A highly valued tree; but at what cost?
When I was a kid, I would always go over to the neighbors yard because they had large trees that we could climb. One of the trees was a black walnut, back then that was all I knew about the tree. I knew it was a walnut tree and that it would drop these big green things and squirrels would hide them for later!
Black Walnut, Juglans nigra, is highly valued for its fine grained dark wood, used often for furniture. It is also a great food source for wildlife. While it may provide beautiful veneer wood it also provides a natural herbicide called juglone. Juglone is found in almost all the tissue parts of a black walnut tree, just in different concentration. The highest concentration can be found in the fruit, the fleshy green layer of the walnut, with 100. Like mentioned, the juglone is a natural herbicide produced by black walnuts so this is where the foe part comes in. It prohibits new growth of certain plants, trees, shrubs, or flowers around it and if it is grown by already established things it can kill them off. I recently went to a site visit where this was the case. The landowner had a hobby farm, where he was growing black walnuts. The trees are doing great however they are now seeing that their plum trees and other surrounding vegetation is dying off. As leaves, fruit, flowers blow off the tree and land on and near other vegetation they secret the toxic juglone. It is also in the roots and trunk so it is leeching into the soil. If the tree is cut down and removed the “herbicide” is still in the soils and can take years for it to be gone depending on the drainage of the soil. Now, its not all bad, like I mentioned great food source for wildlife and humans like walnuts and it is a great wood for production, just have to be selective of whats around it. Some plants are tolerant to the juglone and still can be grown. Some examples of tolerant species include, beans, carrots, corn, black-eyed Susan, morning glory, trillium, Eastern redbud, dogwood, poplar, black raspberry, and soybeans. There are several other species tolerant. Most folks do not like black walnut trees because they are messy but now their minds will be blown- messy and toxic! Because of this if they are not out naturally growing in a forest; they are usually use for plantations for nut production or can be a yard tree with selective vegetation around it.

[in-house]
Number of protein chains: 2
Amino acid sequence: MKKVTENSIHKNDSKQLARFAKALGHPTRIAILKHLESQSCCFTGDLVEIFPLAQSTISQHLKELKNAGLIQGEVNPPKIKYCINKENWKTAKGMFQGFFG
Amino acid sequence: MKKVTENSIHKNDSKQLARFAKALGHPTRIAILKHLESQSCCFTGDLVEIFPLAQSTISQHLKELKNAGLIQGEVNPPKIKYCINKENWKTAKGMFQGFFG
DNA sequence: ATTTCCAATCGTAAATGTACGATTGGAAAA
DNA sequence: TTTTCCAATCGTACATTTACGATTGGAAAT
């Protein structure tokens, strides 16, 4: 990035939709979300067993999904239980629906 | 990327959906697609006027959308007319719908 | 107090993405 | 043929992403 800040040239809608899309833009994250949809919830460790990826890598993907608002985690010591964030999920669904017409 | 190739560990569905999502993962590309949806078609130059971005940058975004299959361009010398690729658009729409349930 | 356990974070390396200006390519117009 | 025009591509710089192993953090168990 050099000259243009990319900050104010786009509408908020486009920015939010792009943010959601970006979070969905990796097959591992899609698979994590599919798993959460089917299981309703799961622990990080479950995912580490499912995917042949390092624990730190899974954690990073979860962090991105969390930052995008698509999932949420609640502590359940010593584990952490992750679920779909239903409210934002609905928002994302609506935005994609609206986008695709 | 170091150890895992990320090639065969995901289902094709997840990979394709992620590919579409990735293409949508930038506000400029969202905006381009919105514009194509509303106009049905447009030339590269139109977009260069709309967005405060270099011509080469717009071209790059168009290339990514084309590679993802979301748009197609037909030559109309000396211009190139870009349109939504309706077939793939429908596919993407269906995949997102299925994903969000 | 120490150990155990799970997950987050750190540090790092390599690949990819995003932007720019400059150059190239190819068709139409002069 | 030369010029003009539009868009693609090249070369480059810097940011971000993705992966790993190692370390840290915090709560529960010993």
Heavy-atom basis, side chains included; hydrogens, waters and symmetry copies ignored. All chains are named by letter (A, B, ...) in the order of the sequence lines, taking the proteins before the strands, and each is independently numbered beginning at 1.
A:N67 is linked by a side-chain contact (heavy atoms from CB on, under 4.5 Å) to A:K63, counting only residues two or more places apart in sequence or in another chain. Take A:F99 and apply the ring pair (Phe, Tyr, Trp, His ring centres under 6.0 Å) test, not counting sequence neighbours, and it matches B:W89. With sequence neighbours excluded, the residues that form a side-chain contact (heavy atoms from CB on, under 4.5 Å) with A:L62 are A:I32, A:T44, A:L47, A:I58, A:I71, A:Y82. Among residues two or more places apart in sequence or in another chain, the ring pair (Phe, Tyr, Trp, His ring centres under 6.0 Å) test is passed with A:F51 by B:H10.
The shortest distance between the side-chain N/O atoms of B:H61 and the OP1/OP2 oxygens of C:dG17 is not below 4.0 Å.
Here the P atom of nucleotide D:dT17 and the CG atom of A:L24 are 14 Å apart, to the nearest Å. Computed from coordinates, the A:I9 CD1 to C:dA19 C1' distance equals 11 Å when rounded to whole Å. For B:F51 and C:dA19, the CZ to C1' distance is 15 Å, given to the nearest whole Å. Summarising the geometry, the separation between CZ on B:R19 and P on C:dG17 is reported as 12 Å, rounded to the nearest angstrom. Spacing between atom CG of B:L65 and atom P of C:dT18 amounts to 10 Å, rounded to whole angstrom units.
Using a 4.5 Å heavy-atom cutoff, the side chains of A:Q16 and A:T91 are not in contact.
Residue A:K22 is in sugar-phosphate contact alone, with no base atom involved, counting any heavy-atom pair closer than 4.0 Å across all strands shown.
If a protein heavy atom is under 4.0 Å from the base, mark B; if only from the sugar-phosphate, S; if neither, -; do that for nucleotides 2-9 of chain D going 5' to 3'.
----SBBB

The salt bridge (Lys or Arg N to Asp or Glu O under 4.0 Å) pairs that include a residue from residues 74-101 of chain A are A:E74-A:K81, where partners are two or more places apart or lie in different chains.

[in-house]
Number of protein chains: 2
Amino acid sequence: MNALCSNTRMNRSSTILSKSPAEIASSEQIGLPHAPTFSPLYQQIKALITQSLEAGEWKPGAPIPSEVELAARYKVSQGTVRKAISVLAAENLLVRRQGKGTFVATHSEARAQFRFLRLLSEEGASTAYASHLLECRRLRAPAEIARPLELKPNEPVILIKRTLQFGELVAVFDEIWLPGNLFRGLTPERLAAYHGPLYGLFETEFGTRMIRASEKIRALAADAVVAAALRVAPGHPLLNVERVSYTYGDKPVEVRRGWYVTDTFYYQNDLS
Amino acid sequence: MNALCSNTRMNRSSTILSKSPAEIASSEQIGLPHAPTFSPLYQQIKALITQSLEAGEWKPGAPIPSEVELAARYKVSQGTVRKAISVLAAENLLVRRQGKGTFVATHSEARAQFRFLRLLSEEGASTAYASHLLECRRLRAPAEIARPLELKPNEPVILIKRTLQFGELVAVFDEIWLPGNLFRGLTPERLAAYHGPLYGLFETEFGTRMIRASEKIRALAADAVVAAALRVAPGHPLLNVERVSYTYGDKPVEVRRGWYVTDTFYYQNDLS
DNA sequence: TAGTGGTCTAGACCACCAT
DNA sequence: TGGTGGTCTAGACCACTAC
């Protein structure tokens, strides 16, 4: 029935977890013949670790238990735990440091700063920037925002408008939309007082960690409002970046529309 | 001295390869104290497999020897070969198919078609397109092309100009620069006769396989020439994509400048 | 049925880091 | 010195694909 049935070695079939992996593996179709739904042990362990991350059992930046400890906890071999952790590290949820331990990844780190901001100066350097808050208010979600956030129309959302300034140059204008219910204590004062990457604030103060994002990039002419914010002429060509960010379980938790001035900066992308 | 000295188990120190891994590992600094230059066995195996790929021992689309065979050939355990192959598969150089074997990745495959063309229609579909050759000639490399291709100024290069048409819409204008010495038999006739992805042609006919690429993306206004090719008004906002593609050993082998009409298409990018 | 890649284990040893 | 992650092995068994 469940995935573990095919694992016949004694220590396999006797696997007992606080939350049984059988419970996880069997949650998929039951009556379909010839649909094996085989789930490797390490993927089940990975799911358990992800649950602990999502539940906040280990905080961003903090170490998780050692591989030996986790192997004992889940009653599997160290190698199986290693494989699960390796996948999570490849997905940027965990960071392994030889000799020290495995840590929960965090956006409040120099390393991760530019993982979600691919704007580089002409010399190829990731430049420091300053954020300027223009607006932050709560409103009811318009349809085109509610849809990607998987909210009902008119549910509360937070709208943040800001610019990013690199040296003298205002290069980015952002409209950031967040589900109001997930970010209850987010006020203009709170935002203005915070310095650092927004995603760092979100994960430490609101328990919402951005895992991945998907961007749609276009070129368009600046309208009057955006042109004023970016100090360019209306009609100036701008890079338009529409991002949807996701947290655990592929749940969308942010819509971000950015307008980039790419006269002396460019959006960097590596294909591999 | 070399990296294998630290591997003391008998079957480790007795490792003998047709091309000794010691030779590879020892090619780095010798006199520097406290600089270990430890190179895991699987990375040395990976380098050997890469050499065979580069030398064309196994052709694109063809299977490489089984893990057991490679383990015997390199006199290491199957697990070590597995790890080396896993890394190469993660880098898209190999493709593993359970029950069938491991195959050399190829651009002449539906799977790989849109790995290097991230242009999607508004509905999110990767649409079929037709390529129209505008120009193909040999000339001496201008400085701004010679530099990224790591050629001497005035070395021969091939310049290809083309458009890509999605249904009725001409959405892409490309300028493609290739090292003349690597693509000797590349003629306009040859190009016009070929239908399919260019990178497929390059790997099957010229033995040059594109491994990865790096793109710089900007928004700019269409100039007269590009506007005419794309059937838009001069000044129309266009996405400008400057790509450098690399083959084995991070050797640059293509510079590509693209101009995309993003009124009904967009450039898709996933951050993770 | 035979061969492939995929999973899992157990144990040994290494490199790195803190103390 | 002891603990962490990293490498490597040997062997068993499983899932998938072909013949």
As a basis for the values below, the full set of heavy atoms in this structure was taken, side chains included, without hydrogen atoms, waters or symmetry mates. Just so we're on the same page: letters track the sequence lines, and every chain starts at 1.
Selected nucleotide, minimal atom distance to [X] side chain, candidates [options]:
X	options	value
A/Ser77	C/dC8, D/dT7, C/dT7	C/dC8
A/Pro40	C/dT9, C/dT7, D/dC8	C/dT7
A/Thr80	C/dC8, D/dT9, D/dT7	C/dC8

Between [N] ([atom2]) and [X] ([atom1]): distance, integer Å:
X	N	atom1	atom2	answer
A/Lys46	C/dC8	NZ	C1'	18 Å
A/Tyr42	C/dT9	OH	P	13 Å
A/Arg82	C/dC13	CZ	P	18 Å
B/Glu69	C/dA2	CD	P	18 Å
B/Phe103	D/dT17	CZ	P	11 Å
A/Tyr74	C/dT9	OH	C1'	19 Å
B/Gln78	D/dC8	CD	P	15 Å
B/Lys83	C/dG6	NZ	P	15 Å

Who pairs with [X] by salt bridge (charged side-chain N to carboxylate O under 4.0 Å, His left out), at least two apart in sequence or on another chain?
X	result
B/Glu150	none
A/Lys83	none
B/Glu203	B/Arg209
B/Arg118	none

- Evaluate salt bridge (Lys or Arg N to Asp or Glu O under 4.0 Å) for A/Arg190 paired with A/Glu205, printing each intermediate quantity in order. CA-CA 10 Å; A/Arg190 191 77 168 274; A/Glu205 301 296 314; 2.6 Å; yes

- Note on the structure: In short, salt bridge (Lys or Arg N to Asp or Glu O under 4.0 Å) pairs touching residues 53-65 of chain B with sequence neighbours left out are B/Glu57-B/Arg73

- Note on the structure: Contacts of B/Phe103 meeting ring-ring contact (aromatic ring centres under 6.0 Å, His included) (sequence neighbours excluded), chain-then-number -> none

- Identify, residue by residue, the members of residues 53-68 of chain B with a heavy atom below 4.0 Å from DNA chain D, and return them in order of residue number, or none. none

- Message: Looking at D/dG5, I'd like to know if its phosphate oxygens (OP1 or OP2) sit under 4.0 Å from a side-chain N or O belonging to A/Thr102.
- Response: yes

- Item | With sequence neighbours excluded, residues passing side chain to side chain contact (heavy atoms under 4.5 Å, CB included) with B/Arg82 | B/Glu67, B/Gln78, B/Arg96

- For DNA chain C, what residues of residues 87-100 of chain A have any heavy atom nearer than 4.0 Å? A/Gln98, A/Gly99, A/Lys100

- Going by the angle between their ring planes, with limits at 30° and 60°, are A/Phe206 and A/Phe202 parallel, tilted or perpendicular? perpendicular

Side note: black walnuts are not the only tree that produce juglone- other members of the Juglandaceae also produce it as well as hickory trees. Butternut, English walnut, bitternut hickory, pignut hickory, pecan, shagbark hickory, mockernut hickory are the common names of juglone producers!